Italian chemist and writer Primo Levi was a man known for sharing his Holocaust experiences. A survivor of Auschwitz, he went on to write a number of memoirs and stories related to his internment at the concentration camp. Yet, the Levi we meet in Geoffrey WilliamsDrowned or Saved? no longer wants to face such memories. In the intimate space of the Tristan Bates Theatre, we witness a man relive the trauma he has long tried to repress, looking for the closure he so desperately needs.

Confined to the dark, secluded space of his office, Levi is a prisoner of his own thoughts and memories of the war. Reliving some of his most painful experiences, a pensive Levi tries to find peace through his writing, as he pens an interaction between a dying prisoner and a fellow prisoner called Benjamin. Who Benjamin is, we never really know – he could be a projection of Levi’s own memories in the camp, a manifestation of all the other men and women imprisoned by the Nazis, or even pure fiction. Yet, Levi’s struggle to finish Benjamin’s story – his inability to discern whether those who died were victims or rather the ones saved by God – leads to the writer facing his own experiences head-on, along with the ghosts that populate them.

The phantoms of Levi’s past fill his office, even permeating the walls. The dimly lit, wood-panelled office resembles the cattle wagons that carted countless people to the concentration camps and, ultimately, their deaths. It feels paradoxical to describe the set as beautifully crafted given its symbolic nature, yet the subtly of Baśka Wesolowska’s design makes it an impressive feature.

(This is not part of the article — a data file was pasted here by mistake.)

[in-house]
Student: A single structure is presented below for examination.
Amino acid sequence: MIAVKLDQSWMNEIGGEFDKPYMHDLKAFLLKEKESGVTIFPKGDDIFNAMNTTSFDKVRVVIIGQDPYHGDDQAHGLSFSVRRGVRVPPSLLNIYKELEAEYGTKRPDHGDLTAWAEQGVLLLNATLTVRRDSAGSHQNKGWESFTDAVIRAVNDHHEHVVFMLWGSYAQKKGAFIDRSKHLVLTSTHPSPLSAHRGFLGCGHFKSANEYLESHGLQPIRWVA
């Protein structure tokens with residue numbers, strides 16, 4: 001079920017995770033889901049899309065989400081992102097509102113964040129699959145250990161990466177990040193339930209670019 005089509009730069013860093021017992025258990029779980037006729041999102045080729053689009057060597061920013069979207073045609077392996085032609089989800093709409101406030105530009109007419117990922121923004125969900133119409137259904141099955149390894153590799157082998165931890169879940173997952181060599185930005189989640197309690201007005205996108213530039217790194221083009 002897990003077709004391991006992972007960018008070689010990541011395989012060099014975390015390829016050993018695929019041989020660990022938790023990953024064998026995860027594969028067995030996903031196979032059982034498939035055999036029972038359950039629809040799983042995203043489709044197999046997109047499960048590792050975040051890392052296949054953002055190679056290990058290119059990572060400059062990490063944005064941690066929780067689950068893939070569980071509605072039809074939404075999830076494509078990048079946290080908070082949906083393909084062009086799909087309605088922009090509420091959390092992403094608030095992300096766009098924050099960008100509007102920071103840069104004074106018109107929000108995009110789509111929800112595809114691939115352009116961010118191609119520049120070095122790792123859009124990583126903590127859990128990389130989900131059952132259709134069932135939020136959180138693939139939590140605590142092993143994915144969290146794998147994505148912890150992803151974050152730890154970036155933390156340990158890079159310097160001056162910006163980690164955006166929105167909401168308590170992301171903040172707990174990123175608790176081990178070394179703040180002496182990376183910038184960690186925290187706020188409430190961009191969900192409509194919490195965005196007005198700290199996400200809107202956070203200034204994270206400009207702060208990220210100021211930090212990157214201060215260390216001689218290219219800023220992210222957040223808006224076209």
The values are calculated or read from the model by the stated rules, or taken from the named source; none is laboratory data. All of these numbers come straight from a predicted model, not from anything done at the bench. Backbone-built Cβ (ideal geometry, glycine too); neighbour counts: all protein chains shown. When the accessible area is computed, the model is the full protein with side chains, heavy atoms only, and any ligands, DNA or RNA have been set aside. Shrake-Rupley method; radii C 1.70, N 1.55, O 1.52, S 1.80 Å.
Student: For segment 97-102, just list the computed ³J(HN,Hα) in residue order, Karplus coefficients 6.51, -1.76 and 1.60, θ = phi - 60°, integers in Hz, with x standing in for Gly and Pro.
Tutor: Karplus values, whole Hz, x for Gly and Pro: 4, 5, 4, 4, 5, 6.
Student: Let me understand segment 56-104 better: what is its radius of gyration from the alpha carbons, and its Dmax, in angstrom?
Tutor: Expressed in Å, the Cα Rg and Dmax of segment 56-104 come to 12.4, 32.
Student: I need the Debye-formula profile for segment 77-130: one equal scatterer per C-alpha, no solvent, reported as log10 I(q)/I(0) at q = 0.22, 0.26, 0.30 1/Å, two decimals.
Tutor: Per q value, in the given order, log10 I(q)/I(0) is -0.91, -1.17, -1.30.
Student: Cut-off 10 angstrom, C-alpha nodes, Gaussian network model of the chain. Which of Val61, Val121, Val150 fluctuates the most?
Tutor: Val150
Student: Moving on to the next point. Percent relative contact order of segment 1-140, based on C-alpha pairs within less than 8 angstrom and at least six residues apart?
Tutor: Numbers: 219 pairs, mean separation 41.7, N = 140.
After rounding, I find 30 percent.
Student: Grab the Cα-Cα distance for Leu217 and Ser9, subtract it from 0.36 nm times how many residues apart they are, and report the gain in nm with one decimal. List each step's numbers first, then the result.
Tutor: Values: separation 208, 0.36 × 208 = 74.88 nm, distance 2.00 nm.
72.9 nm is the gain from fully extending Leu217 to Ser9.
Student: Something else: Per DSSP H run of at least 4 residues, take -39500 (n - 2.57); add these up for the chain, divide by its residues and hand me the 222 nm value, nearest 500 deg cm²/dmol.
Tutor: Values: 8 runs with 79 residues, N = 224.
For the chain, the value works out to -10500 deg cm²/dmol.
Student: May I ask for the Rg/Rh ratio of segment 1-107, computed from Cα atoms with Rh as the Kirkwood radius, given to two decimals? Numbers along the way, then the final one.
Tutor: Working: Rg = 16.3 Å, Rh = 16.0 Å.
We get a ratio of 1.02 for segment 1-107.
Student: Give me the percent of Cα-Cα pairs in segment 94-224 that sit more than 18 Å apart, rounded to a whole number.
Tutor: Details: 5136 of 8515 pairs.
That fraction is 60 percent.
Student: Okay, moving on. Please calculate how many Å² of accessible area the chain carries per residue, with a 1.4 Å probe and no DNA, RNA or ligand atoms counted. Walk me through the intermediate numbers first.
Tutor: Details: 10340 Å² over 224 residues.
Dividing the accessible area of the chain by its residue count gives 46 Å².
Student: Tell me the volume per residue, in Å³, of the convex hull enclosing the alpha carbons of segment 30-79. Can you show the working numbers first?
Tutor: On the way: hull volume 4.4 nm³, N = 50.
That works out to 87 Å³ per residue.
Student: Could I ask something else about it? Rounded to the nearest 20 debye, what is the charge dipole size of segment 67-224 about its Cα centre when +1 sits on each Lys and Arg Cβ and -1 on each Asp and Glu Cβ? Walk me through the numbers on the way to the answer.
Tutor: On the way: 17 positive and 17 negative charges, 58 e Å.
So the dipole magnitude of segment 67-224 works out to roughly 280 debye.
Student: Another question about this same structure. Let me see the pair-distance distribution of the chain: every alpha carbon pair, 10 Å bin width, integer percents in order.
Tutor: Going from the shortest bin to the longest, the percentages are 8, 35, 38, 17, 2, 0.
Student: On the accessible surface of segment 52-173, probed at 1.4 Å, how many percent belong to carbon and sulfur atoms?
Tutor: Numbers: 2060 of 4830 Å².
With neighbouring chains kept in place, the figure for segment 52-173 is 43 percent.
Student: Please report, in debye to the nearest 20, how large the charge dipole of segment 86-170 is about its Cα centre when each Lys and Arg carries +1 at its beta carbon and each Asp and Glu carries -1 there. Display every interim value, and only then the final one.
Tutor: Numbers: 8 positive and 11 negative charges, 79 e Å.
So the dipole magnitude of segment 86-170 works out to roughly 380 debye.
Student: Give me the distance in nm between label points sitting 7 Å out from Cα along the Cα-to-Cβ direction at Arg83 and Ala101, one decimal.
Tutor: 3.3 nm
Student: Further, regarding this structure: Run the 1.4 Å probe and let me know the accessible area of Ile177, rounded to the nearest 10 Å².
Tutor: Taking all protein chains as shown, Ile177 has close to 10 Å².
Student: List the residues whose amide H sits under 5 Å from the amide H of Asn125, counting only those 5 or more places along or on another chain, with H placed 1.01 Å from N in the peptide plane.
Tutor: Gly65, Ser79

There is an excellent variation of physicality brought by the cast to Williams’ play. While Marco Gambino poses a sleep-deprived and fragile Levi, life is injected into the space by Paula Cassina’s portrayal of Mrs Giordanino, the house maid. Wearing yet well-intentioned, Mrs Giordanino’s attempts to get Levi to leave his office further emphasise how much he has retreated into himself. The suffocating nature of his study is heightened by the heavy, laboured breathing of Null Achtzen (Eve Niker), which fills the entire theatre. Niker’s strained and exhausted prisoner is a haunting image that refuses to be overlooked, with Niker’s presence onstage at times feeling painfully prolonged.

There are thankfully some tender moments that bring warmth to the man frozen in time by memories of fellow prisoners succumbing to the harsh Auschwitz winters. The tension between Levi and his wife, Lucia (also played by Cassina), lead to the chemist reminiscing about how they first met; how eager she was to hear about his experiences, how she asked him whether he knew how to dance. The glow that accompanies these passing scenes underlines how much Levi’s mental state has deteriorated, as he struggles to now look his wife in the eye.

There are moments where some clarity or depth would have been appreciated: Why is Levi so reluctant to go and see his ailing mother?  Are we meant to understand Alex Marchi’s character, Elijah, as Levi’s own prophet? It’s in the figure of Elijah that Drowned or Saved?’s intensity wavers a bit, with his descent “from above” feeling rather heavy-handed and unnecessary.

Still, for a 70-minute long performance, Williams’ work is a carefully composed piece of theatre that satisfyingly comes full circle. While the reality of Primo Levi’s depression and suspected suicide lingers as the play comes to a close, Drowned or Saved? attempts to offer solace to the man who spoke for a generation.